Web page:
On 2-3 December 2023, a nationwide Workers’ Socialist School was organised by the Red Workers’ Front (RWF) in Landhi Industrial Area, Karachi. A large number of workers from both the public and private sector industries, in Karachi and across the country, took part in this historic occasion.
Not only was this the first ever RWF school – the culmination of years of patient, consistent work to build workers’ study circles in industrial areas across the country – in fact, this was the first political school in the history of Pakistan’s labour movement organised explicitly for and by workers, with the aim of introducing the working class to the ideas of Marxism and of Leninism.
Students and youth from various universities and educational institutions were also present at the school. Moreover, two comrades of the International Marxist Tendency (IMT) came from Britain specifically to attend. In total, around 170 people listened and actively participated in the school’s political discussions.
Prior to the holding of this national school, local and regional workers’ socialist schools, and workers’ study circles had been organised across the country, including in Lahore, DG Khan, Quetta, Loralai, Bahawalpur, Timurgarh, Kashmir and Karachi.
This preparatory work was reflected in the impressive turnout. Some travelled over 20 hours to be there. In Pakistan, where wages are already extremely low, most workers do not receive paid weekends. Attendance of the school therefore meant losing one or two days’ wages for most workers. And yet, workers from public and private sector industries, trade unions and associations from all over the country participated in the central school.
This included workers from WAPDA (Water and Power Development Authority), Pakistan Railways, the Paramedics Union, Pakistan Post, Pakistan Steel Mills, electricity workers, the Hospital Workers Union, Karachi Municipality, Karachi University Teachers, KMC, Port Qasim, Kashmir Teachers Union, APCA and other clerical staff associations, Public Works Department, General Tyres, IIL industry workers, Union Textiles, Habib University office workers, Getz Pharma, Marriott Packaging, the Pixar workers union, Karachi Export Processing Zone workers, Opal Laboratories, Al Danial Packages and Younis Textiles.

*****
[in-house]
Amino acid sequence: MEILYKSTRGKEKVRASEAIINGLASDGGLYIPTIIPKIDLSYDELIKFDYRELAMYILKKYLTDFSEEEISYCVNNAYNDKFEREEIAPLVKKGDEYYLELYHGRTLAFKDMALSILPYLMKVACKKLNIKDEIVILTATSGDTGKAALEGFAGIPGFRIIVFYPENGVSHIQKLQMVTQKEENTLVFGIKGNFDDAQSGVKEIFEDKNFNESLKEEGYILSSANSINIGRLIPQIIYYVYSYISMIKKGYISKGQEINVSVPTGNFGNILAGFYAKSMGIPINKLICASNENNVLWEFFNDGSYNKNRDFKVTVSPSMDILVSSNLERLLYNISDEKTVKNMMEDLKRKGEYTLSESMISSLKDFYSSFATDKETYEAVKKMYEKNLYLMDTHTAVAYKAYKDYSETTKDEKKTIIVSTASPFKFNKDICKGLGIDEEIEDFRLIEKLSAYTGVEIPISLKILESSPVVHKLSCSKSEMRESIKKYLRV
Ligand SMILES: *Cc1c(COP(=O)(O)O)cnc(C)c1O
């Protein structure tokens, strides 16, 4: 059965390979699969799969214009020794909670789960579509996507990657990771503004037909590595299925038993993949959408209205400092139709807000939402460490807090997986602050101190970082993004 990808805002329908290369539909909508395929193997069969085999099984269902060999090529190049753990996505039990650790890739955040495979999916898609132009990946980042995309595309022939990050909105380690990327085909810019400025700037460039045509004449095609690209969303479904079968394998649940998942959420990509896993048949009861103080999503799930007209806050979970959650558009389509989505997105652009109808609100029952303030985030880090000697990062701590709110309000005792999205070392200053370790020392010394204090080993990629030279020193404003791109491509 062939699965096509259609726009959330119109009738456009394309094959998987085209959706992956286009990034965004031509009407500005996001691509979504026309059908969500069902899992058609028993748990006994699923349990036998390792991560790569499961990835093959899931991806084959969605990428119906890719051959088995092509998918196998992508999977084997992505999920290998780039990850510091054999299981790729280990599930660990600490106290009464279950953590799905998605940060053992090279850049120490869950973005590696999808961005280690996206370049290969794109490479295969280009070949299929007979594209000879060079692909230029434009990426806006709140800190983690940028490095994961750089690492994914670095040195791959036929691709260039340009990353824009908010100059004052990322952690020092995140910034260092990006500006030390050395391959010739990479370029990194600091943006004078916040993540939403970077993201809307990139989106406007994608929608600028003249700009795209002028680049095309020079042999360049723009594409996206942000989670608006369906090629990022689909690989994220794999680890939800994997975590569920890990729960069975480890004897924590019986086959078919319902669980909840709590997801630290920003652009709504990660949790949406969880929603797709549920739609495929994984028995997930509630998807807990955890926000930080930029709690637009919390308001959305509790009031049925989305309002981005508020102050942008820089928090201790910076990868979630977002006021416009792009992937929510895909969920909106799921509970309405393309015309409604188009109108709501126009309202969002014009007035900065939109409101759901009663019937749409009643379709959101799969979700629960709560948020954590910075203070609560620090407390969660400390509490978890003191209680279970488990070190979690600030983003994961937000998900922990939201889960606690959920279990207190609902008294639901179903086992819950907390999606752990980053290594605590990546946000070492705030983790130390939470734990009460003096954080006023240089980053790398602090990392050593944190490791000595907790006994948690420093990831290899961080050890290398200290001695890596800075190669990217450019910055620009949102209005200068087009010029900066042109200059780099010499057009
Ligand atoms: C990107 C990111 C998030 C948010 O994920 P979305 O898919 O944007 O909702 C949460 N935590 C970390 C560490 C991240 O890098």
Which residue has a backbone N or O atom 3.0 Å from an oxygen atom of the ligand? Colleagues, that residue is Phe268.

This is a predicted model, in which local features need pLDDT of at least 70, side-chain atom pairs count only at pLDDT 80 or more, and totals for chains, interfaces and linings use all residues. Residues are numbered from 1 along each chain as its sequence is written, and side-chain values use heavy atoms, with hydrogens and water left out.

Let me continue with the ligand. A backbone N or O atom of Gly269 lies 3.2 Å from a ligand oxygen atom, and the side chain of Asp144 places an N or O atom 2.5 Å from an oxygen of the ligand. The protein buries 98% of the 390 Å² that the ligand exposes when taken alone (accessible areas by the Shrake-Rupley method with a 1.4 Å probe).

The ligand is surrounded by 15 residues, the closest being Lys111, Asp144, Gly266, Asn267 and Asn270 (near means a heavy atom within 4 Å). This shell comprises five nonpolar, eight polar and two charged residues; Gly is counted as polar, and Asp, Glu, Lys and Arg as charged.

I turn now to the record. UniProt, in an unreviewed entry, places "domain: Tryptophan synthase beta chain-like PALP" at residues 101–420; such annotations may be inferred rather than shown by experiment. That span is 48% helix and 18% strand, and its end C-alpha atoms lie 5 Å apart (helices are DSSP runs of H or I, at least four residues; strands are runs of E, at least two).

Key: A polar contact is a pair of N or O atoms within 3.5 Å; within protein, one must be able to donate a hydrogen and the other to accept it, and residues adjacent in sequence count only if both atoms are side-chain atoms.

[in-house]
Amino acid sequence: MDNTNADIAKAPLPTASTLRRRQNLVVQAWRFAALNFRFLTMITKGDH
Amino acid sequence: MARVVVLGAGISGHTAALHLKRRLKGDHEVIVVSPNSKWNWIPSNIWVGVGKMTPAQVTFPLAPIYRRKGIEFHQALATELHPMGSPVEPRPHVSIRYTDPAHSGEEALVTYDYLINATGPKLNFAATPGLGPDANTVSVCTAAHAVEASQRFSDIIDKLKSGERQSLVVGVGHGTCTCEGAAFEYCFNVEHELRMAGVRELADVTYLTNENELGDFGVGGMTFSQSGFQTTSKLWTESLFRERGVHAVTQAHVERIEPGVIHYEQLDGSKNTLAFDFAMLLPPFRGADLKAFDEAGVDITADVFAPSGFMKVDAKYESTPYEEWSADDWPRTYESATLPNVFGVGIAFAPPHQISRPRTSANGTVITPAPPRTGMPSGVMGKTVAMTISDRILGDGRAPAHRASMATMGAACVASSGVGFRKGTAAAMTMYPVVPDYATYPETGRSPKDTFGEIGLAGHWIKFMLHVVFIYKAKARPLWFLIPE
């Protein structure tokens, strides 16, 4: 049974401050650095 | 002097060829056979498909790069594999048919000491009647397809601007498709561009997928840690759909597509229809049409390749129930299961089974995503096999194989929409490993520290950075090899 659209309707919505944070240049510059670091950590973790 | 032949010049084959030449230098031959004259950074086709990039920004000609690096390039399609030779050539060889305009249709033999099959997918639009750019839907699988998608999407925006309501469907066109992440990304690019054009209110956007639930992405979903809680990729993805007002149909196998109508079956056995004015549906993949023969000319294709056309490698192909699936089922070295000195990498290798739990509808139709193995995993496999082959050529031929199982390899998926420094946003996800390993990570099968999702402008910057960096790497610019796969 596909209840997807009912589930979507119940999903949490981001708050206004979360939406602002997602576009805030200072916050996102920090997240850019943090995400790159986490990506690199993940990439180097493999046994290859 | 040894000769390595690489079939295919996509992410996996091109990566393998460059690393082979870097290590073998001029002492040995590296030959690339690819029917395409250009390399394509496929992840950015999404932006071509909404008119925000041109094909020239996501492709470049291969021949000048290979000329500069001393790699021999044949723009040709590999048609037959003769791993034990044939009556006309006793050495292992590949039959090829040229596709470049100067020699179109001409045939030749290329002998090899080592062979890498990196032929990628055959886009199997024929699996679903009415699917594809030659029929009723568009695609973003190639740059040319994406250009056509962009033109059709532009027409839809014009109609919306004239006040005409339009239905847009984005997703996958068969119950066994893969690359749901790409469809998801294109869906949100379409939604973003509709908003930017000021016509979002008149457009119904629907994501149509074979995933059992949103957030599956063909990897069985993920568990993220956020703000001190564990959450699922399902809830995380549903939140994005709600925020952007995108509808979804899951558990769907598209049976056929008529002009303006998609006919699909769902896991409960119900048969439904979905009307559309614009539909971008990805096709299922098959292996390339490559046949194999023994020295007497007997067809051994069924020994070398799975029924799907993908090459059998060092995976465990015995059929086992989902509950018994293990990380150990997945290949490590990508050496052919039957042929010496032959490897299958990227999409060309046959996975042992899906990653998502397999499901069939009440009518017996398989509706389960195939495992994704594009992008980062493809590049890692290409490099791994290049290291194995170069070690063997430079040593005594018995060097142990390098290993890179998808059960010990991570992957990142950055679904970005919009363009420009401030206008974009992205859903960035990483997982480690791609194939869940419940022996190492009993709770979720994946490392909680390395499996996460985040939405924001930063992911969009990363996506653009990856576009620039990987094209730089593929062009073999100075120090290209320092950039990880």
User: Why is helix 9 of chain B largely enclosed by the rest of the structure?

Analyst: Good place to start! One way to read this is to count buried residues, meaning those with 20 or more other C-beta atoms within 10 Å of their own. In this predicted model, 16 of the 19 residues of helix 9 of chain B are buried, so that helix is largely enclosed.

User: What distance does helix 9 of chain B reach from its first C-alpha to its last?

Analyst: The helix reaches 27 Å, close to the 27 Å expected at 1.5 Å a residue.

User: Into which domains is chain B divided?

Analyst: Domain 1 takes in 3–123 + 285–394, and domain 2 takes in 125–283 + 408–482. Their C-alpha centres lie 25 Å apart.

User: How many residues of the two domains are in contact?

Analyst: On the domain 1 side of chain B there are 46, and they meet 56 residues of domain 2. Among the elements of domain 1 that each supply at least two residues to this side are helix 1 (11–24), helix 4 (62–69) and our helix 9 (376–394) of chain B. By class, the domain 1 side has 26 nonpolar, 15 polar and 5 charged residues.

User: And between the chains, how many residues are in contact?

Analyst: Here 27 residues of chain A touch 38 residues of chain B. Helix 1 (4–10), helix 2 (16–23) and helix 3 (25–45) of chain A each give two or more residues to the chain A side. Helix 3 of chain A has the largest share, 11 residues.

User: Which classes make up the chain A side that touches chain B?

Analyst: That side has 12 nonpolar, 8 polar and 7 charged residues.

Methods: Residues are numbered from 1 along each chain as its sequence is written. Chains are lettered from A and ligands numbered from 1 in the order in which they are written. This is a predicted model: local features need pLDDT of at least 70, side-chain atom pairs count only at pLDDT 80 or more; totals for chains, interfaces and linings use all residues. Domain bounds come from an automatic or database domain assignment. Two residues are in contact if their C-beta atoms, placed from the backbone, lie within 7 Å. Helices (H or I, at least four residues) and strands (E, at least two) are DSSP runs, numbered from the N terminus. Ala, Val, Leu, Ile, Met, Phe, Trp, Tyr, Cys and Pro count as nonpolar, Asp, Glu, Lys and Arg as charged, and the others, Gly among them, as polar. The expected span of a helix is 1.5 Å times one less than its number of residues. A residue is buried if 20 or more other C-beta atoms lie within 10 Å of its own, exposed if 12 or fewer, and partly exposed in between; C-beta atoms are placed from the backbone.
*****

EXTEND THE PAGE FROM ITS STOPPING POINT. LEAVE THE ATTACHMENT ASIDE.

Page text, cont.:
Before the school had even been opened, the mood was electric, expressed through songs, poetry and the chanting of revolutionary slogans before the school’s opening and throughout the weekend.
The first day of the main school began with an international report entitled, ‘The Rising International Labour Movement and the Need for Socialist Ideas’. The report was presented by comrade Ben Curry from the international centre of the IMT, with translation by comrade Aftab Ashraf, the central president of the RWF.
Ben explained how capitalism has essentially been on the life support of state aid since 2008. As the system has staggered from one crisis to the next, there have been waves of class struggle, general strikes and revolutionary movements in one country after another, from the Arab Spring of 2011 through to the strike waves of the last year.
These movements show that the world is everywhere pregnant with the potential for socialist revolution. However, despite all the courage and sacrifices of the working class, the socialist revolution has not yet broken out on account of the absence of a revolutionary party armed with Marxist ideas, able to lead the working people towards the seizure of power. But through the ebbs and flows of the rising class struggle, a harder, more radical mood is developing within the working class, and the most advanced layers of the class are drawing ever closer to communist ideas, making for better prospects to build such a party than ever before.